Stingy business model?

If you spent a while making some fantastic assessment materials, then someone else got hold of it and started making money from it, you’d probably be somewhat annoyed.

Yet this is exactly the business model that seems to be cropping up.

One business has this to say (paraphrased) on their web site:

  1. “Teachers upload questions”
  2. “Students take tests”
  3. “We use fancy algorithms to select which questions to ask and re-ask over time” etc

But then they conveniently miss out point number 4:

4. “To make the most of our product, you need to pay. And no, we won’t pay you for the question banks you’ve submitted that we use in our product.”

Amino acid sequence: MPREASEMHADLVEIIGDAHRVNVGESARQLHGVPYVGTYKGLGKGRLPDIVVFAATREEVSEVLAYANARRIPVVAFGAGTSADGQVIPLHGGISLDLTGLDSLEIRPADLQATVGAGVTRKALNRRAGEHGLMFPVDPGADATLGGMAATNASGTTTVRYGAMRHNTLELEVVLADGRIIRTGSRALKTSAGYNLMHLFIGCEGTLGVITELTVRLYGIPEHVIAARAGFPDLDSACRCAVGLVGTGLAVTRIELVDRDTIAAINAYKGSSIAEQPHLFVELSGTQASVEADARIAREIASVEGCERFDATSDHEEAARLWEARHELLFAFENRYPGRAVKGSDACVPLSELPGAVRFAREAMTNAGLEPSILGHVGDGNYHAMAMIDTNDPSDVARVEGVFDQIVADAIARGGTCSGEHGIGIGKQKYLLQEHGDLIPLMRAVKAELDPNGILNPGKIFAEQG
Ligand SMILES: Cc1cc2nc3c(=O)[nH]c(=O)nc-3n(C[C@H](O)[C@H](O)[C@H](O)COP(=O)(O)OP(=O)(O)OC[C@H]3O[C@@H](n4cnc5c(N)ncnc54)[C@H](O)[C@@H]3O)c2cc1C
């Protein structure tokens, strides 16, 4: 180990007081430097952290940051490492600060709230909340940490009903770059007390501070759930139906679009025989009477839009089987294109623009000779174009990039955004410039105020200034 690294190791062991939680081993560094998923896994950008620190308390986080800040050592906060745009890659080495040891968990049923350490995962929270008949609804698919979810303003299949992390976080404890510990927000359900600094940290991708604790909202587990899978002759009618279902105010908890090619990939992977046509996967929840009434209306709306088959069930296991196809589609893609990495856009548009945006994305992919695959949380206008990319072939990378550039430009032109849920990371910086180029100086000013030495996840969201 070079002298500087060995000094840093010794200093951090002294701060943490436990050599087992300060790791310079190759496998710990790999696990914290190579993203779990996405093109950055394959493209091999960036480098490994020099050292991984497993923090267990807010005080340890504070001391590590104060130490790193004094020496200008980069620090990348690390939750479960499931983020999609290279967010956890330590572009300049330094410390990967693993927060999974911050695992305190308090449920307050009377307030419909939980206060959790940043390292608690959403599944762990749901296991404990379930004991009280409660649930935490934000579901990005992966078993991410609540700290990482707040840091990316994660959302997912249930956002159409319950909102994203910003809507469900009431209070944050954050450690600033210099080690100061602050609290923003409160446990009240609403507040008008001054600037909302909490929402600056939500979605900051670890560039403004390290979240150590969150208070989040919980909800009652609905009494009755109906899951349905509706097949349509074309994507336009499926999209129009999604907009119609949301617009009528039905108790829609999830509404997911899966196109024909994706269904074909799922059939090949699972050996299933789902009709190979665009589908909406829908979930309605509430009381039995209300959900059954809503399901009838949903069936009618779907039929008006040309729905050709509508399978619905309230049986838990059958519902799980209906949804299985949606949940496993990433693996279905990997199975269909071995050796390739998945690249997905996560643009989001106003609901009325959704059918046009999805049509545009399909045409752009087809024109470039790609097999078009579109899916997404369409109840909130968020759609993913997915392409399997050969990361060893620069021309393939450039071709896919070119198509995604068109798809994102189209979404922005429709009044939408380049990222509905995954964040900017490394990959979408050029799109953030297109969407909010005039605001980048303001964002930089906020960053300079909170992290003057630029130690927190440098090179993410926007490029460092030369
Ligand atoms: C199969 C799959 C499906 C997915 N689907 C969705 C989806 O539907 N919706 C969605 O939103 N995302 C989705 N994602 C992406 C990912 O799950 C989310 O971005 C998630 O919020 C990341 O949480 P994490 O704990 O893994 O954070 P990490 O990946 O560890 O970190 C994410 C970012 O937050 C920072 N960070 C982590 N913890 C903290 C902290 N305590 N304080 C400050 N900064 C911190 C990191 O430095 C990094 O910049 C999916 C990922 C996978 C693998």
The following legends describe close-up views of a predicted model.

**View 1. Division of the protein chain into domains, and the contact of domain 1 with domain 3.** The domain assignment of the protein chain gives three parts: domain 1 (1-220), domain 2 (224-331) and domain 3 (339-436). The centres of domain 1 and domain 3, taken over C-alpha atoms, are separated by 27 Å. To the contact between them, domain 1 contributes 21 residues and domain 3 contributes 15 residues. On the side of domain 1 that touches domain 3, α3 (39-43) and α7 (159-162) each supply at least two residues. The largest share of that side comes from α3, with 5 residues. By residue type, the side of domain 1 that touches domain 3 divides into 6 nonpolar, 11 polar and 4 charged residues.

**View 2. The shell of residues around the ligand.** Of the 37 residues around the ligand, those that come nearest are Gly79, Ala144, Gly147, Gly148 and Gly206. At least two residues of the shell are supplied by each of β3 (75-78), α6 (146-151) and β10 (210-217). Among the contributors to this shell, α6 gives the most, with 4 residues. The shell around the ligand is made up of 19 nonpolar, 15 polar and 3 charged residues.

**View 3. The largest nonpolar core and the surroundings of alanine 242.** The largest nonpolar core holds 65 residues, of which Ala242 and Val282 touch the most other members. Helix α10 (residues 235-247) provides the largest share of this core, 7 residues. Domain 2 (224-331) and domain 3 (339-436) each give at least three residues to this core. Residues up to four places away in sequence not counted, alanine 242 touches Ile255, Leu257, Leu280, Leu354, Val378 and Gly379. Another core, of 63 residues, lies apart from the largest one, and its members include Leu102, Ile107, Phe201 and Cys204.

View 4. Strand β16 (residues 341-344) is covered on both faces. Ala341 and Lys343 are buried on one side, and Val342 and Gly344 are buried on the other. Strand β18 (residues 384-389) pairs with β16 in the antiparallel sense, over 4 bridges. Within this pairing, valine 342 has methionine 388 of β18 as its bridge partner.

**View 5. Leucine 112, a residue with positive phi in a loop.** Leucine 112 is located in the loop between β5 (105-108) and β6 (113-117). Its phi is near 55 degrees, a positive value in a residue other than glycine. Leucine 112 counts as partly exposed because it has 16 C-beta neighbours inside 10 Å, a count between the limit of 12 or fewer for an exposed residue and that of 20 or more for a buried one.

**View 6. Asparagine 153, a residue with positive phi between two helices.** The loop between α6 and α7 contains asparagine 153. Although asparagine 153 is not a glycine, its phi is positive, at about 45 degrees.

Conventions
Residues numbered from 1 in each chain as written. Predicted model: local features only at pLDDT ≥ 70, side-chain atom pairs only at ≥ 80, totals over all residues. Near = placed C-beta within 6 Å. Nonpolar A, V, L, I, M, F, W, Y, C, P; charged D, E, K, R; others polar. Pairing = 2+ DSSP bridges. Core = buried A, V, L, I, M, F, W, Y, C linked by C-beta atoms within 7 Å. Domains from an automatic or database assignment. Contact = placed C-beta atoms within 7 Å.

Seems a little unfair, doesn’t it?


JCQ’s “helpful” grade descriptors and a translation.

Anyone who knows anything about grading knows that grade boundaries are proportional, with a given % getting each grade. There is mountains of ‘advice’ on how to grade from OfQual and JCQ. So it seems strange that we are being encouraged to use grade descriptors (which in my opinion are unhelpfully worded) rather than base grades on historic grade boundaries.

If you’ve read the terrible descriptors, I’m sure you’ll be able to identify with this ‘tongue in cheek’ translation…

Grade 9 = Better than a grade 8
Grade 8 = Not quite a grade 9
Grade 7 = Better than a 6 but not an 8 (better than OK)
Grade 6 = Did ok
Grade 5 = Almost did ok
Grade 4 = Not quite there
Grade 3 = Scraped the surface
Grade 2 = Did slightly more than nothing
Grade 1 = Did next to nothing
U = did nothing